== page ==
Apartments and condos may share several characteristics, but there are important qualities that distinguish one from the other. Depending on your lifestyle and specific requirements, a 3-bedroom apartment near Davisville Station may be a more suitable option than a condo in the same area, or vice versa.
In this blog post, we will explore their similarities and differences to help prospective renters make informed decisions while browsing the vast selection of rentals.
What is an apartment?
An apartment is a residential rental unit. Multiple apartment units make up an apartment building, which is organized as a community and managed by an on-site property management company. Although apartments tend to have similar layouts, amenities, and decorative features, prospective tenants can easily find an option that matches all of their unique preferences from the wide variety of available apartments.
What are the benefits of renting an apartment?
Not only does an apartment give tenants access to many unique property features like pet-friendly spaces and laundry facilities—it frees them from various homeownership duties. Such benefits include finding appropriate financing options for a large down payment, mortgage and management fees and hiring maintenance providers. Students who live off-campus, in particular, can attest to the many benefits of apartment living.
No matter if it's a single-bedroom apartment or a Toronto penthouse, tenants get to enjoy fixed monthly expenses along with all the benefits and peace of mind that come with professional property management.
What is a condo?
Much like an apartment, a condominium is a type of residential unit. However, unlike an apartment, a condo is purchased, not rented (although there are homeowners who subsequently rent their units to tenants). A condo unit is privately owned and managed by a board of tenants. Residents can participate in scheduled meetings with the condominium corporation for shared decision-making.
It is common for renters to find the owner/landlord's personal touch in their condo's paint colour, flooring, countertops and many other features; this helps to create some variety between each condo in the community.
How is a condo different from an apartment?
When it comes to renting, perhaps the most significant difference between the two is ownership and cost. The individual unit owner owns and manages their condo unit, whereas a company or person owns the apartment building. In a condo, the renter enters into an agreement with the landlord. For apartments, the property manager or owner handles all aspects of the renting process.
In terms of rental costs, prospective tenants are not likely to see a huge difference in how much they owe before calculating monthly mortgage costs. As for condos in Toronto and other attractive cities in Ontario that average $800,000+, condo fees, plus utilities, plus a mortgage can add up quickly.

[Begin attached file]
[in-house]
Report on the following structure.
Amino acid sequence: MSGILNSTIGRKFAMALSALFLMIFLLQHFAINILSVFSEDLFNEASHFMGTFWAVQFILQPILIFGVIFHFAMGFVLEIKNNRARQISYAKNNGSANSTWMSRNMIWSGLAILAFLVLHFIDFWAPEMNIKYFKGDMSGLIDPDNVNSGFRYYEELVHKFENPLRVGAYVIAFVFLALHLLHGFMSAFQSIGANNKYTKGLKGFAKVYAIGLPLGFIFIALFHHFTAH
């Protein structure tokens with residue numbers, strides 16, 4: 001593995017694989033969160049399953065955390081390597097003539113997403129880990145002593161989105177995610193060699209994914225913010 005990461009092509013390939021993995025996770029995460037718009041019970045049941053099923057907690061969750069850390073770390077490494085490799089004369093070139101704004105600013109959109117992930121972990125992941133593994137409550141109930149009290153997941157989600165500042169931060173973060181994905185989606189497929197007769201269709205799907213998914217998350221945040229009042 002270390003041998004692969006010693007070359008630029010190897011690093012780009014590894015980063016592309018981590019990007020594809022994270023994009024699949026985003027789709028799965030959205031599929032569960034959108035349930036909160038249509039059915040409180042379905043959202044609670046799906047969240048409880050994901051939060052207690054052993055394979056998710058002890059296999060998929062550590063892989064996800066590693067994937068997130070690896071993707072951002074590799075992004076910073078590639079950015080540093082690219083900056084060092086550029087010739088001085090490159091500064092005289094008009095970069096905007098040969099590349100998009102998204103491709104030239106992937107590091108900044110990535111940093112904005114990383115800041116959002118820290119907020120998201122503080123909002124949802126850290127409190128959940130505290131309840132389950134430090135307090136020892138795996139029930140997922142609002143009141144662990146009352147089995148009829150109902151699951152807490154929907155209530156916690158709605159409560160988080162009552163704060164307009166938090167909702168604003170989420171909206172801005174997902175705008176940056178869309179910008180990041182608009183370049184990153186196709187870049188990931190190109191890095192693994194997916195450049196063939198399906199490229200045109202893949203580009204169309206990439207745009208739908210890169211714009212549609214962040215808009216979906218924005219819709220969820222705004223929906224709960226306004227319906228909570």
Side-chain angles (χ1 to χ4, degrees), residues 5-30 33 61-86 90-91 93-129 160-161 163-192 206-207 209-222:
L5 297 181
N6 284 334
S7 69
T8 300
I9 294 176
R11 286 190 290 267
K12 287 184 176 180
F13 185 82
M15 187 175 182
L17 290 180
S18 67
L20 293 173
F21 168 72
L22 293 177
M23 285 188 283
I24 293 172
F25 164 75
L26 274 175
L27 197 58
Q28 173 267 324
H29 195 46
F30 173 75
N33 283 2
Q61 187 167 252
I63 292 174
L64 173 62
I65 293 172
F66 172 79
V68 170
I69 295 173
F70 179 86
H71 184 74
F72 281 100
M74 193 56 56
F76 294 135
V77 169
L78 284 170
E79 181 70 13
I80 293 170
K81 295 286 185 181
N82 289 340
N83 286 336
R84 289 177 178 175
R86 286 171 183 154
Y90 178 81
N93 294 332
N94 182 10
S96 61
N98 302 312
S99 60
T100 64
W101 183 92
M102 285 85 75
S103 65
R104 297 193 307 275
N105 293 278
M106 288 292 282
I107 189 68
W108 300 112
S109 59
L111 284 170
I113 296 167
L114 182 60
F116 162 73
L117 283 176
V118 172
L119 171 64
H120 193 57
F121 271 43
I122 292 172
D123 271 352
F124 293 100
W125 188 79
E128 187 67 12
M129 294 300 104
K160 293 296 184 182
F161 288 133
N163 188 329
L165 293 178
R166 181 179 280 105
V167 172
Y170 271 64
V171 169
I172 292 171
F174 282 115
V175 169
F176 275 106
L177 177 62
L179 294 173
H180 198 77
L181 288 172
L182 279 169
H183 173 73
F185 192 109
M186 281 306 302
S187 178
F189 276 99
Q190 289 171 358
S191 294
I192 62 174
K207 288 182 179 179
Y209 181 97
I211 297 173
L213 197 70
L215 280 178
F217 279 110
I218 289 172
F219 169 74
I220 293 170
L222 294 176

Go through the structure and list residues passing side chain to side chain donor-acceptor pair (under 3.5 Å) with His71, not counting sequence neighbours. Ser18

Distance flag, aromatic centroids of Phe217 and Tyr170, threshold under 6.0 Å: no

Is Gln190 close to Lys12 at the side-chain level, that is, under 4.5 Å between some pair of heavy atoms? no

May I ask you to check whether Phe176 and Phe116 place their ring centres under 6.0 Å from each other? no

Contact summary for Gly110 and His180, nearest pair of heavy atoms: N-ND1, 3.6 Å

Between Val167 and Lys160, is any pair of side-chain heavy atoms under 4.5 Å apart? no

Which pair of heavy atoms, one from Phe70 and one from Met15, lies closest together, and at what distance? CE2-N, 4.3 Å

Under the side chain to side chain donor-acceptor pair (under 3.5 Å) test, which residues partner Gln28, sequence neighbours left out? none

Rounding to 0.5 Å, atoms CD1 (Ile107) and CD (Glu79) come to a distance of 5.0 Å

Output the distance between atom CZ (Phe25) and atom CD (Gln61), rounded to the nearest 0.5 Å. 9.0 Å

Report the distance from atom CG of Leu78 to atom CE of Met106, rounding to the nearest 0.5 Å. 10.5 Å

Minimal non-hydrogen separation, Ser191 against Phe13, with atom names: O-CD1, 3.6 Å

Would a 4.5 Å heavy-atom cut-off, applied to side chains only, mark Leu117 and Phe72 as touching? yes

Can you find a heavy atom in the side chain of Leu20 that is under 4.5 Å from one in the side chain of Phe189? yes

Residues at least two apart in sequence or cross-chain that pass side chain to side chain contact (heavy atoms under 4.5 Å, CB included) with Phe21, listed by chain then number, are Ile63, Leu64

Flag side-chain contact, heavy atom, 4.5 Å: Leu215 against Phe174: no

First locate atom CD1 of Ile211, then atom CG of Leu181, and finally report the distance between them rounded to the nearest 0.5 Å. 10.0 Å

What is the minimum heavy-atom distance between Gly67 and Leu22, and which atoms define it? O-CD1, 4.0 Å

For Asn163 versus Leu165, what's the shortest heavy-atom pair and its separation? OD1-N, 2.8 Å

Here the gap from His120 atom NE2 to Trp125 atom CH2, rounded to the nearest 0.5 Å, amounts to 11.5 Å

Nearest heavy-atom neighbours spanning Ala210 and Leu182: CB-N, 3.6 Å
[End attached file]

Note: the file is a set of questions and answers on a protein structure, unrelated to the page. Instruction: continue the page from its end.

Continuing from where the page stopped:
An apartment in Toronto may only be slightly less expensive than a condo with similar amenities in the same area. However, it's worth noting that in addition to rent and utility costs, condo tenants will also need to pay for monthly condo fees to cover the use and maintenance of the building's common elements, such as elevators, gyms and gardens. A portion of the costs is also added to the reserve fund for emergency repairs and other special expenditures.
The board of directors in a condominium corporation oversees the maintenance of common elements, while owners and tenants might share some of the maintenance responsibilities in their individual property. So, it's recommended that condo renters ascertain early on which specific servicing and repair obligations will be paid for by themselves and which ones will be covered by the condo owner.
In an apartment, the property manager is responsible for addressing major maintenance concerns. Maintenance technicians are in the building to provide prompt and professional maintenance, so concerns can be addressed as soon as they are reported. This convenience is, no doubt, one of the best perks of apartment living.
How do you decide which is right for you?
Both apartments and condos have their unique set of advantages. Once you've determined your preferences and examined the benefits of these two types of residential units, you should be able to select the one that's right for you. That said, when you choose a unit that's managed by a trusted property manager, you will notice that their around-the-clock service truly makes a world of difference.
Living in a professionally managed apartment would not only guarantee access to essential amenities and property management services—but there's also the fact that professional property managers are more organized, experienced, and adaptable. These, among many other qualities, ultimately translate to a convenient and comfortable living environment for apartment renters.